March 8, 2001 -- It's the mantra of any aerobics instructor or personal trainer -- know your maximal heart rate, work to 80% of that number, and check it regularly during your workout. Figuring out that magic number involves a simple enough formula: 220 - your age = the maximum number of heartbeats per minute that your heart can tolerate.
But a new study challenges that widely used formula, saying that despite its widespread use, the formula's validity, especially in older adults, has not been well-studied.
"Our findings suggest that the currently used equation underestimates [maximal heart rate] in older adults. This would have the effect of underestimating the true level of physical stress imposed during exercise testing and the appropriate intensity of prescribed exercise programs," write lead author Hirofumi Tanaka, a researcher in the Human Cardiovascular Research Laboratory at the University of Colorado at Boulder, and colleagues.
The article appears a recent issue of the Journal of the American College of Cardiology.
In the study, Tanaka and his colleagues analyzed data from 351 studies involving more than 18,000 people. He also laboratory-tested 514 men and women aged 18-81, all of whom were healthy and free of coronary artery disease. Each person was assigned to one of two groups: those who had trained in endurance exercise for at least two years and those who performed no regular physical exercise. Each was given a treadmill test during which their maximal heart rate, breathing efficiency, and perceived exertion were monitored.
Researchers found that maximal heart rates were strongly related to age in both men and women. This led to the development of a new formula to estimate heart rate: 208 - (0.7 × age).
According to the authors, maximal heart rate is predicted, to a large extent, by age alone and is independent of gender and physical status.
"The information is especially important for older people, since it seems we have been underestimating their capabilities," says Steven Manoukian, MD, a cardiologist with Emory University School of Medicine in Atlanta.
He compares the old and new formulas, using various ages. For a 40-year-old, 180 is the maximal heart rate in both formulas. For a 60-year-old, the new formula increases maximal heart rate by 5% -- from 160 to 166. For an 80-year-old, there's a 10% difference, from 140 to 152 -- "considerably different," says Manoukian. For a 20-year-old, the numbers decrease by 5%, from 220 to 200.
If the new formula is adopted by the American Heart Association, it will change the advice doctors give their patients, he says. The predicted maximum heart rate reflects what people should achieve when they do their physical activity.
"Heart rate is a reasonably good indicator of the target rate at which any level of athlete should be exercising, but it tends to be variable based on your physical shape," says Manoukian. "If you're in bad shape, your heart rate jumps up quickly; if you're in good shape, it tends to be harder to achieve."
As a rule of thumb, he says, for someone first starting an exercise program, "we would advise working to 50% of your maximum heart rate, then gradually up to 75 or 85%. With healthy adults, we advise to keep challenging themselves to exhaustion."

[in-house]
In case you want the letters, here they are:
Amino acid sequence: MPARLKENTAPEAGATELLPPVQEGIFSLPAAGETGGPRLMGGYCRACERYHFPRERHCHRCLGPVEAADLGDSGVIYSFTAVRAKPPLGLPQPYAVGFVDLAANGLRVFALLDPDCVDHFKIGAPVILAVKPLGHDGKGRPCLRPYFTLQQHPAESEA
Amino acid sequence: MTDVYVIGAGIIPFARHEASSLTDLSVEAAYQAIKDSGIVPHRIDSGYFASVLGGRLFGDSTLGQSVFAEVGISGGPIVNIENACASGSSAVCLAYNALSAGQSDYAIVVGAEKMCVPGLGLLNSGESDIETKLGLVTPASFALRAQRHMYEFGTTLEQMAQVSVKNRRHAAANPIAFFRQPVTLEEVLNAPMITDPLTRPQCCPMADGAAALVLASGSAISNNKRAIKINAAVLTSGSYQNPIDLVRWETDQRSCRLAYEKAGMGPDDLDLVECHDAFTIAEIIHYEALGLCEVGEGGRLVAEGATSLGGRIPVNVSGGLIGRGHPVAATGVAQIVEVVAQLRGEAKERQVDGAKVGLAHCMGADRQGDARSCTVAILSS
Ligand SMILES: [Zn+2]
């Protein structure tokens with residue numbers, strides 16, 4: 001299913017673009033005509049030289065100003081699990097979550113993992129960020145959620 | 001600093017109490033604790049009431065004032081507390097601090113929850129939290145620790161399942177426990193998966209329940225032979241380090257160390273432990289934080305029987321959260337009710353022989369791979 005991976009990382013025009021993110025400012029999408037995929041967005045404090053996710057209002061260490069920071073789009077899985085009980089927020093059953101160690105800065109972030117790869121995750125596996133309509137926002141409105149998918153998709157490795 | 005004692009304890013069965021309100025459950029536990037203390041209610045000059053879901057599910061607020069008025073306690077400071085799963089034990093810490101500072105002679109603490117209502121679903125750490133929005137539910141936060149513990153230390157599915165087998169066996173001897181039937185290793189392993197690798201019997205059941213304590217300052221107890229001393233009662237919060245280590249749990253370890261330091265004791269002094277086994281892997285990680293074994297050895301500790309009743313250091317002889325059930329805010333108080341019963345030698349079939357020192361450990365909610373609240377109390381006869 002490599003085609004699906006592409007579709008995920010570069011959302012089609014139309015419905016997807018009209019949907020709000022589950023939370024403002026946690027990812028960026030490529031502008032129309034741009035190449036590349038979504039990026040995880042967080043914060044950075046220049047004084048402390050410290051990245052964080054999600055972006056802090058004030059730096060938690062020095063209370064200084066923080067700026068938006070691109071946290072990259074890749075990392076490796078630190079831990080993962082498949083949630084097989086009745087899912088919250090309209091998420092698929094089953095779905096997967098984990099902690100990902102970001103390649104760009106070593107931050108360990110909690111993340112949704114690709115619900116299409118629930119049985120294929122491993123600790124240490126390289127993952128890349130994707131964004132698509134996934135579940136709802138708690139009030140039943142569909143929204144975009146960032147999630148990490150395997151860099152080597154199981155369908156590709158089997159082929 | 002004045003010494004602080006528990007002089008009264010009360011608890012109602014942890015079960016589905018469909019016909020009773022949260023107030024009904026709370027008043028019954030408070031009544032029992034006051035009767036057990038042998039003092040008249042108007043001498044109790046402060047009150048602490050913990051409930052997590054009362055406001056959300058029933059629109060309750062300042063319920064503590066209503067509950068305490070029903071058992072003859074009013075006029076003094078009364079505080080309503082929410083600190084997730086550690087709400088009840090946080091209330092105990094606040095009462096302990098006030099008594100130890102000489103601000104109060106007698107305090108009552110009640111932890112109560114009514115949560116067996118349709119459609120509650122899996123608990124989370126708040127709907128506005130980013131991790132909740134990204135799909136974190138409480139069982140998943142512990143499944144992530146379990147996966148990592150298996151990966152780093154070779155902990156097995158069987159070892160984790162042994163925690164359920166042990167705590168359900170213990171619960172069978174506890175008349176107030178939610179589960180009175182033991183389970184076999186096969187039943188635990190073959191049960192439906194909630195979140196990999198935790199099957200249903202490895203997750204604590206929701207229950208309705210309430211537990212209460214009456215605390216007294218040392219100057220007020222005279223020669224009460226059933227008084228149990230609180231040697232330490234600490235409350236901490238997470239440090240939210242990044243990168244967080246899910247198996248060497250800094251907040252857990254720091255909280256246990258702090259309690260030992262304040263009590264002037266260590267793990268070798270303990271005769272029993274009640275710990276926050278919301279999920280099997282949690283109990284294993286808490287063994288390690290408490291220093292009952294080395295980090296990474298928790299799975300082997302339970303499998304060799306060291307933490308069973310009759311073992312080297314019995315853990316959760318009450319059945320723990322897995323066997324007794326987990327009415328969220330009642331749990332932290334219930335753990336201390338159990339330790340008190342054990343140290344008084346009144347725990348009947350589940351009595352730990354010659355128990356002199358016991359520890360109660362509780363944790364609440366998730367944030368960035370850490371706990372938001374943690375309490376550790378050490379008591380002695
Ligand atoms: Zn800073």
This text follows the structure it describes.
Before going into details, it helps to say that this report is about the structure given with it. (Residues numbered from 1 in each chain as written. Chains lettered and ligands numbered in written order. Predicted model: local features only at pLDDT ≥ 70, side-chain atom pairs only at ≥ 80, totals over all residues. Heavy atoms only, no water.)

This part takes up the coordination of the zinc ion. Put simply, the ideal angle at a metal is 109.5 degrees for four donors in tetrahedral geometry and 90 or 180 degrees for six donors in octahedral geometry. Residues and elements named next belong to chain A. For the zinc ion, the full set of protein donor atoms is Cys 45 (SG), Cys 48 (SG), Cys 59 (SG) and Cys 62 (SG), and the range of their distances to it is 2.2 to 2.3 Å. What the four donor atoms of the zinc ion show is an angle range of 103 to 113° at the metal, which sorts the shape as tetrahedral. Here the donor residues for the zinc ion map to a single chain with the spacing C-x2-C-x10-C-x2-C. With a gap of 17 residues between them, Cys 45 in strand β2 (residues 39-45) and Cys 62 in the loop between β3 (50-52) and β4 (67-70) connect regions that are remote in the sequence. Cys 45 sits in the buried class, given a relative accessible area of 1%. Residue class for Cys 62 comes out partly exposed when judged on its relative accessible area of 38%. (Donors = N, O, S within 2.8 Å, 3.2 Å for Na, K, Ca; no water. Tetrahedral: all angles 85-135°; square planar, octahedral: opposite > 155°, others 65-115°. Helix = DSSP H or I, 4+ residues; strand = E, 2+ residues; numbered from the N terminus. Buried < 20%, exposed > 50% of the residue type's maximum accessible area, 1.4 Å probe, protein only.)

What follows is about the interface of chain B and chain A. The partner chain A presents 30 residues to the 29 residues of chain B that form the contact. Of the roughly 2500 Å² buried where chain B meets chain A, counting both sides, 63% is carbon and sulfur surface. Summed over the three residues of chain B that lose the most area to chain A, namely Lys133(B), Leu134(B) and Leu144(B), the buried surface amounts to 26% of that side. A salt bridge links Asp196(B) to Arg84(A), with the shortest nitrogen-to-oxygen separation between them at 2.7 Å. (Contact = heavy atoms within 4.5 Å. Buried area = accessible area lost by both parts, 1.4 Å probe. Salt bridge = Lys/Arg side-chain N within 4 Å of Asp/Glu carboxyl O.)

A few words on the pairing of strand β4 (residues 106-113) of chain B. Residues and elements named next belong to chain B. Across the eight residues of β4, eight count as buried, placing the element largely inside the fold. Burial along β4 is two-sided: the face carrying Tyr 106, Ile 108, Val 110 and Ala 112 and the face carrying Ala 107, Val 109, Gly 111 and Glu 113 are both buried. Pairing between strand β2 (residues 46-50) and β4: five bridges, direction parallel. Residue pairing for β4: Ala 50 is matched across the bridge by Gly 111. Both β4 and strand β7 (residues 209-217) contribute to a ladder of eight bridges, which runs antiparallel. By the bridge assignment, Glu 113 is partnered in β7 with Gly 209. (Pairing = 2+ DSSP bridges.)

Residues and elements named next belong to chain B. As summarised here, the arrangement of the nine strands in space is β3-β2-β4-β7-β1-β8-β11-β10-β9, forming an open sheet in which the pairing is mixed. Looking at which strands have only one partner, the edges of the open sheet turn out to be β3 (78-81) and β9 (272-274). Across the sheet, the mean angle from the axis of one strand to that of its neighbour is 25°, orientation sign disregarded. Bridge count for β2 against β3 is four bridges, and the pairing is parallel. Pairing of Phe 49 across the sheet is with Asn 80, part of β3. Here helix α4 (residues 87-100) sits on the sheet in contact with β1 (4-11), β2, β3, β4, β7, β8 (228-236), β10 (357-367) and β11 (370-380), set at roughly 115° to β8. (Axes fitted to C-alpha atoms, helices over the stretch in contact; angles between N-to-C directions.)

Even more importantly, the new formula would affect exercise stress tests that cardiologists give to people with heart problems.
"If you came into my office with chest pain, I would put you on a treadmill and monitor your ECG -- I would like to get your heart rate up to 85% of your predicted maximum heart rate," says Manoukian. "Only at that level can a cardiologist provide any significant information about heart function. If I'm inaccurately calculating what maximal is for you, I may not be getting the maximal test."
Also, those with heart disease -- especially if they're over 50 and 60 -- may also be able to exercise at higher heart rates than previously thought, Manoukian tells WebMD.
For most healthy adults without heart problems, the American Heart Association's FIT (frequency, intensity, and time of exercise) recommendations are: frequency of five times week, intensity that is "somewhat hard," and 30-60 minutes of exercise at a time, he says.
"I often tell people to exercise to the point where it feels challenging, that you could have a conversation but exercise might make you somewhat breathless," says Manoukian. "If you're not breathless, you're not exerting enough. You should perceive the exercise to be somewhat difficult."
The American Heart Association has no plans to change its current policy endorsing the 220 - age formula, says Gerald Fletcher, MD, a cardiologist at the Mayo Clinic in Jacksonville, Fla., and a member of the AHA's Council on Clinical Cardiology. "There are many ways to look at maximal heart rate, and the current formula still gives a reasonable prediction," he tells WebMD. "This might in the future help us look at things differently, but right now we're going to stay with it."
While he admits that the current formula probably does underestimate an adult's capability, "with older people, we like to look beyond heart rate to perceived exertion," Fletcher says. "We also find it's easier to train people not to overdo it, to exercise 'til they get tired or exhausted, and not to emphasize meticulous counting of heart rate."
In conducting treadmill tests, cardiologists don't rely too much on the formula anymore, Fletcher says. "We really don't use it as much as we used to," he tells WebMD. "But if you need a formula, the 220 - age is what we're still using."